How do inductive couplers help?

An inductive coupler can reduce background noise and eliminate the feedback (squealing or whistling) that you sometimes get when you hold a phone next to your hearing aid.

How to tell if your phone has an inductive coupler

On your phone’s box it should say ‘hearing aid compatible’, ‘inductive coupler’ or ‘hearing loop’ and show an ‘ear’ symbol.

All BT corded phones with amplification also have inductive couplers. The amplifier can also be used to boost the speech volume when using your hearing aid on the ‘T’ setting. Some digital cordless phones also have inductive couplers.

Using an inductive coupler with hearing aids

The sound from a phone earpiece comes from the holes in the centre, but the inductive coupler (an electromagnet) is usually fitted around the rim of the earpiece. It’s often about a centimetre back from the holes. It’s important to hold the rim of the earpiece as close as possible to the magnetic pick-up in your hearing aid – maybe even touching your hearing aid.

You’ll need to experiment to find the best position for the handset and adjust the volume on the hearing aid or phone (or both) to a comfortable level. The magnetic coils in the phone and hearing aid work best if they’re aligned in the same direction. Most hearing aid manufacturers try to make the angle of the telecoil suit both phone and room loop use – but you could try rotating the phone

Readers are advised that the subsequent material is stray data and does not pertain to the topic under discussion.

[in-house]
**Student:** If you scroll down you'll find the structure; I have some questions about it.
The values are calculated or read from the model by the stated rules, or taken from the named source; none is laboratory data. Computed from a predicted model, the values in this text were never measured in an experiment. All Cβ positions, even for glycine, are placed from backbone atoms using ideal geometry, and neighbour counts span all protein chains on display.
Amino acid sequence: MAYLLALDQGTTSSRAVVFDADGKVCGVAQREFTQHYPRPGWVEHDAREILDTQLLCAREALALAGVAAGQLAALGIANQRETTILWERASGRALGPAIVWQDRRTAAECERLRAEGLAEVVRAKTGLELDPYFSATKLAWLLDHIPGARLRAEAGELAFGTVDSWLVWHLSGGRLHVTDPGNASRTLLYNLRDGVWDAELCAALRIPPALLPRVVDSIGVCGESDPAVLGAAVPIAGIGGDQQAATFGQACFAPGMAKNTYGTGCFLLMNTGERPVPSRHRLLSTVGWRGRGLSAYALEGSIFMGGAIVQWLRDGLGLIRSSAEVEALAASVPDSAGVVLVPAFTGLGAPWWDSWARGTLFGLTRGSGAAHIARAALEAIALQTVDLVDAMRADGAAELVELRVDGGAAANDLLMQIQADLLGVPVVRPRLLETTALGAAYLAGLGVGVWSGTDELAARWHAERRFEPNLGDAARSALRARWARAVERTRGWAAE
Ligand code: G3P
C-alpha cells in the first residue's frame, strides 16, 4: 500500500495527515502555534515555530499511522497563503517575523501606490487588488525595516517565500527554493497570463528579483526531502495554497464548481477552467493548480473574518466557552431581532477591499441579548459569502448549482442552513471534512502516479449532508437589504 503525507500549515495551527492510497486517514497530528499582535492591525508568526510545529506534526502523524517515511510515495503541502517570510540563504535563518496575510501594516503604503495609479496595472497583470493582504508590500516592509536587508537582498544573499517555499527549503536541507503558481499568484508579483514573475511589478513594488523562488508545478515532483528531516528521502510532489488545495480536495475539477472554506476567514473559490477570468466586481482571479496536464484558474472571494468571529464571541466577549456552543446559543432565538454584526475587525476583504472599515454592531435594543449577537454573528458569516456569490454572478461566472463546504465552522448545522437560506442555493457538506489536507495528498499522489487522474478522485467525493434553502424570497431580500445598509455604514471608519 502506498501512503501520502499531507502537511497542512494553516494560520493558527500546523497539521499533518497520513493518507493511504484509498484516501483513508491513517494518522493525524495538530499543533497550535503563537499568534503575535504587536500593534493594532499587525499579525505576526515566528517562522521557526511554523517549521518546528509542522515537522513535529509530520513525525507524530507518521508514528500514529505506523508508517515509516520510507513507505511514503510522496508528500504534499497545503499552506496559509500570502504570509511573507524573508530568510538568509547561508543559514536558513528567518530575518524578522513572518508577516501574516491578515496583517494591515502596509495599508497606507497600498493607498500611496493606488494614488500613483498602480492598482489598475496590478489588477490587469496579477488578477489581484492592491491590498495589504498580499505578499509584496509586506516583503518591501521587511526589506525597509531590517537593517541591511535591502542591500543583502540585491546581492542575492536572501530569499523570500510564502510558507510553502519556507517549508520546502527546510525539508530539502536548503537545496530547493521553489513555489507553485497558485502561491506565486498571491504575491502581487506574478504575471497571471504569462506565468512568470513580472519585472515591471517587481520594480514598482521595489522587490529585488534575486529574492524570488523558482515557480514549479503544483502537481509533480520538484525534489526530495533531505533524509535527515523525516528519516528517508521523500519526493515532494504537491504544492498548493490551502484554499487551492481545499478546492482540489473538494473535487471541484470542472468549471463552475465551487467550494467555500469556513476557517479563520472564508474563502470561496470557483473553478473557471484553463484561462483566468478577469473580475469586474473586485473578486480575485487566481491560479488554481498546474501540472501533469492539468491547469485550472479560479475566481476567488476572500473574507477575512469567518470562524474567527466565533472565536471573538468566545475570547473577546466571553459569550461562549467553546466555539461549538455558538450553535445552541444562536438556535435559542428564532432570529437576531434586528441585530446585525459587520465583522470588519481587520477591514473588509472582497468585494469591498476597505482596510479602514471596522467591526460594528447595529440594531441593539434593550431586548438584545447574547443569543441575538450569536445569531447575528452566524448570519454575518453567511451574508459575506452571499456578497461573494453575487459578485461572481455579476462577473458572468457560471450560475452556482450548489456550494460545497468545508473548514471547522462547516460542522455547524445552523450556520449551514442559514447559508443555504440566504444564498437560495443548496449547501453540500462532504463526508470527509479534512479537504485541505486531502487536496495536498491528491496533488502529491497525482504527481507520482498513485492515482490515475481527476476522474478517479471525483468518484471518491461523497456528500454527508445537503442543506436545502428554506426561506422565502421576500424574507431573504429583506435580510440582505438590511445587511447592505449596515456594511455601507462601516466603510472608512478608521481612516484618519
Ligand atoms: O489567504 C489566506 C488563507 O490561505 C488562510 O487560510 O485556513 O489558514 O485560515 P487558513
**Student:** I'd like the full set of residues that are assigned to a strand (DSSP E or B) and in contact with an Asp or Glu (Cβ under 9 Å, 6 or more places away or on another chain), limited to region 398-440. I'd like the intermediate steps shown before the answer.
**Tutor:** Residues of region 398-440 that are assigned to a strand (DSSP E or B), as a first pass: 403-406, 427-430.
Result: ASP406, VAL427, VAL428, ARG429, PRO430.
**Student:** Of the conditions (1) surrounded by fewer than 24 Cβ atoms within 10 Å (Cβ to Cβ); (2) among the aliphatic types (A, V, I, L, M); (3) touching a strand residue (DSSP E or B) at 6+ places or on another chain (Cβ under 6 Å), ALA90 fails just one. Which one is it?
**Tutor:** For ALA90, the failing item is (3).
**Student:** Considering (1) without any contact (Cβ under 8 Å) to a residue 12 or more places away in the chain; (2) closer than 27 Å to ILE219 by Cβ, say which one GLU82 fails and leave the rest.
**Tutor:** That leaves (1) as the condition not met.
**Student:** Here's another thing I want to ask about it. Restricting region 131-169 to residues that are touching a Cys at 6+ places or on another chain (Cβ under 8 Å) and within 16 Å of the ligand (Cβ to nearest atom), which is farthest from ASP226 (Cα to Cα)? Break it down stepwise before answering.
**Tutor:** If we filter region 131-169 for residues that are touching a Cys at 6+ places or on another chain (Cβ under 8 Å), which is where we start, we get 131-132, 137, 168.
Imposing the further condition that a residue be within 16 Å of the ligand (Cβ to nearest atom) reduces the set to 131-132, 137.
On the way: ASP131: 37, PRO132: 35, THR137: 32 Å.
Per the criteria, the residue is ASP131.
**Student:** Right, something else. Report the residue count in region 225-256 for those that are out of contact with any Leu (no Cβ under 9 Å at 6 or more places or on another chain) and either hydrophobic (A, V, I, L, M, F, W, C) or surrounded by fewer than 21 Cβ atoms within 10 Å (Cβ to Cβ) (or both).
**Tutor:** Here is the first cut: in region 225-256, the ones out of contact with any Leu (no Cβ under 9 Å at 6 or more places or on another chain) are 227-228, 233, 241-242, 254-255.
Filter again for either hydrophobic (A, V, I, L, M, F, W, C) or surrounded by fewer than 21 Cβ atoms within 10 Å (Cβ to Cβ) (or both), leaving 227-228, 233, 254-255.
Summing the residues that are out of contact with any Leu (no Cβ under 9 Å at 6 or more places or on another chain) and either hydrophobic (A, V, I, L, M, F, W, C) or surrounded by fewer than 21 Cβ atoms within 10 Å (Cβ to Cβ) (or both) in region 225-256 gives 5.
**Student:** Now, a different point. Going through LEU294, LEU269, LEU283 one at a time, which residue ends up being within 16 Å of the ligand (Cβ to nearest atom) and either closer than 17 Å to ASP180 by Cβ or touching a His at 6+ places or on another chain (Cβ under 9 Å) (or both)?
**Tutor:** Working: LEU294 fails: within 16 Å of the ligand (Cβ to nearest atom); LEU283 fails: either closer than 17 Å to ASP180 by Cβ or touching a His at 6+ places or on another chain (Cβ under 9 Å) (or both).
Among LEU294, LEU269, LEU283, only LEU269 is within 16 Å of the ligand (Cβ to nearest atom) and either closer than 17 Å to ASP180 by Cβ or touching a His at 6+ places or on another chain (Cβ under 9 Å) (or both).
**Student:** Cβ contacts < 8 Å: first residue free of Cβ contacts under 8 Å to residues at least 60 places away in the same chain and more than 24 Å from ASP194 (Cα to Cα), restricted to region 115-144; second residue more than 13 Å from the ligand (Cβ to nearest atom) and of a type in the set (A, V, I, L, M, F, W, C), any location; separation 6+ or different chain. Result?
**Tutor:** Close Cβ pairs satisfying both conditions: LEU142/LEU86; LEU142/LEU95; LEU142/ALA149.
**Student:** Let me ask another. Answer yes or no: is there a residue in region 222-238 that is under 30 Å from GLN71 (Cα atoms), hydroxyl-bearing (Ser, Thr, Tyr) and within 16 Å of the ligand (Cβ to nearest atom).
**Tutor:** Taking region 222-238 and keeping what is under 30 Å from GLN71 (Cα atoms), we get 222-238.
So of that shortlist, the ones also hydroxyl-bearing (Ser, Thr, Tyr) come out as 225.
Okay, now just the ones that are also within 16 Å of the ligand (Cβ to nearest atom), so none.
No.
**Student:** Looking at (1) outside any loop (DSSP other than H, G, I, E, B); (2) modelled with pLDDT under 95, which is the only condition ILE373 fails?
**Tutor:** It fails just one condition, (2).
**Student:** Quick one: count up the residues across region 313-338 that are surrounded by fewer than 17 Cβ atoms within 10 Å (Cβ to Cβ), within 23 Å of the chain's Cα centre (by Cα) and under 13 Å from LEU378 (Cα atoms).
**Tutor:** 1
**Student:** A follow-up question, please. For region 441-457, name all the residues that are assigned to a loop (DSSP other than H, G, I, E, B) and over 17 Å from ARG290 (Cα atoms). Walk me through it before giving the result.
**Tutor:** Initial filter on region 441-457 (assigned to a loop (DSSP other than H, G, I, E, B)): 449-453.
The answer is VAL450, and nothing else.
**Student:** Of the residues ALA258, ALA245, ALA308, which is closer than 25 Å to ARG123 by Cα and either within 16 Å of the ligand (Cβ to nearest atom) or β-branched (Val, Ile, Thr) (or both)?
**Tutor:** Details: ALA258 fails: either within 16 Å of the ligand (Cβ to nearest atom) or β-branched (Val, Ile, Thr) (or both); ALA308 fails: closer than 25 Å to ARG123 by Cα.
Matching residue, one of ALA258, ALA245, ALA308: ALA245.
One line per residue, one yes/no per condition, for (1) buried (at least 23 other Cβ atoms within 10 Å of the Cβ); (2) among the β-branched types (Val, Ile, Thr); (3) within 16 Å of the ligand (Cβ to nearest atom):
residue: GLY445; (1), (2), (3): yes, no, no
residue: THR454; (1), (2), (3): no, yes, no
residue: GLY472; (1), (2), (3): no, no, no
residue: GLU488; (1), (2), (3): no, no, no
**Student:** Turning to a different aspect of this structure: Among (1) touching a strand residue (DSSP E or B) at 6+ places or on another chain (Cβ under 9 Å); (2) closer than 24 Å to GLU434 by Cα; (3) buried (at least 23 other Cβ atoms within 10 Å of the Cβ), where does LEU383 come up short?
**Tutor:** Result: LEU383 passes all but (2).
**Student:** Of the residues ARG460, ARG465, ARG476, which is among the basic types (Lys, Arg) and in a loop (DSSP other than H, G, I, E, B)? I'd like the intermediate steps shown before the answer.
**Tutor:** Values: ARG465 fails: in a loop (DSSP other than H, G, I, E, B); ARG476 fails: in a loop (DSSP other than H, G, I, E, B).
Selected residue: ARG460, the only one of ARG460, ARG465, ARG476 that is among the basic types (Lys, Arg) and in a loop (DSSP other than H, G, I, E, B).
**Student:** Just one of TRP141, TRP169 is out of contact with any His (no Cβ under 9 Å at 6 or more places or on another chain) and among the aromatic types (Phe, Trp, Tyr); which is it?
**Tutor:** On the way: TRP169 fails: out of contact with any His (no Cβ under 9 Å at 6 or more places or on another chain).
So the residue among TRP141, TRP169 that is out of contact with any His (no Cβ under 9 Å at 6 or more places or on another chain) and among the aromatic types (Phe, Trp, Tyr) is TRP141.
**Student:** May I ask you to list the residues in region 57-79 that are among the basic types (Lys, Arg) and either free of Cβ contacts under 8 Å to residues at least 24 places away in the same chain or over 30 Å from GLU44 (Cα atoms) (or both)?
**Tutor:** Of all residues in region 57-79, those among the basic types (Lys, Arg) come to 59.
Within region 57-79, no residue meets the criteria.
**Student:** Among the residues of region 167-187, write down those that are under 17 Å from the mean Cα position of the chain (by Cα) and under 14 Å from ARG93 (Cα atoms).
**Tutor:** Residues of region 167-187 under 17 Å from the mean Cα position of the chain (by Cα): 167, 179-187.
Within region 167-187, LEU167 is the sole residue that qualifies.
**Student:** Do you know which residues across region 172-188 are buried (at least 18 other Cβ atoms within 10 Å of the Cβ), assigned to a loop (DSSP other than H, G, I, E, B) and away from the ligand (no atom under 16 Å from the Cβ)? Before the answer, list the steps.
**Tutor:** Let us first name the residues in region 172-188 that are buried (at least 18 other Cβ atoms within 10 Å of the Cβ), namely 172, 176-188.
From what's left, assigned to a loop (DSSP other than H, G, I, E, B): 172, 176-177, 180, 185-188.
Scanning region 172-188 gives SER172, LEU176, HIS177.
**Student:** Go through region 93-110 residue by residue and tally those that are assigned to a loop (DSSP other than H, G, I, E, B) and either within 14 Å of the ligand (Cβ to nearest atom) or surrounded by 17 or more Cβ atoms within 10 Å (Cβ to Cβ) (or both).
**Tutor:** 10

to see if the sound gets better.

Some hearing aids have a combined microphone and telecoil option (an ‘MT’ position) that picks up the sound coming both from the microphone and the inductive coupler. Some people like to
use this option, because it boosts the overall sound. But if you’re in a busy place, it’s probably best to choose telecoil only, to keep background noise down.

You can find more about using a phone with a hearing aid on the Making calling easier pages at bt.com/includingyou

Programmable telecoil option (PTO)

Some hearing aids have a programmable telecoil option (PTO). This can automatically choose the programmed setting (telecoil, microphone or microphone and telecoil) that you prefer for using the phone. With some hearing aids, it’s triggered automatically by your phone’s magnetic field.

Whistling

If your hearing aids whistle, it’s usually caused by feedback, when the microphone picks up the sounds going into your ear and amplifies them again. If you find you’re getting a whistling sound, here are some things to check:

  • Is the mould or tip/dome fitted in your ear properly? If it needs to be changed, a visit to your audiologist will probably fix things.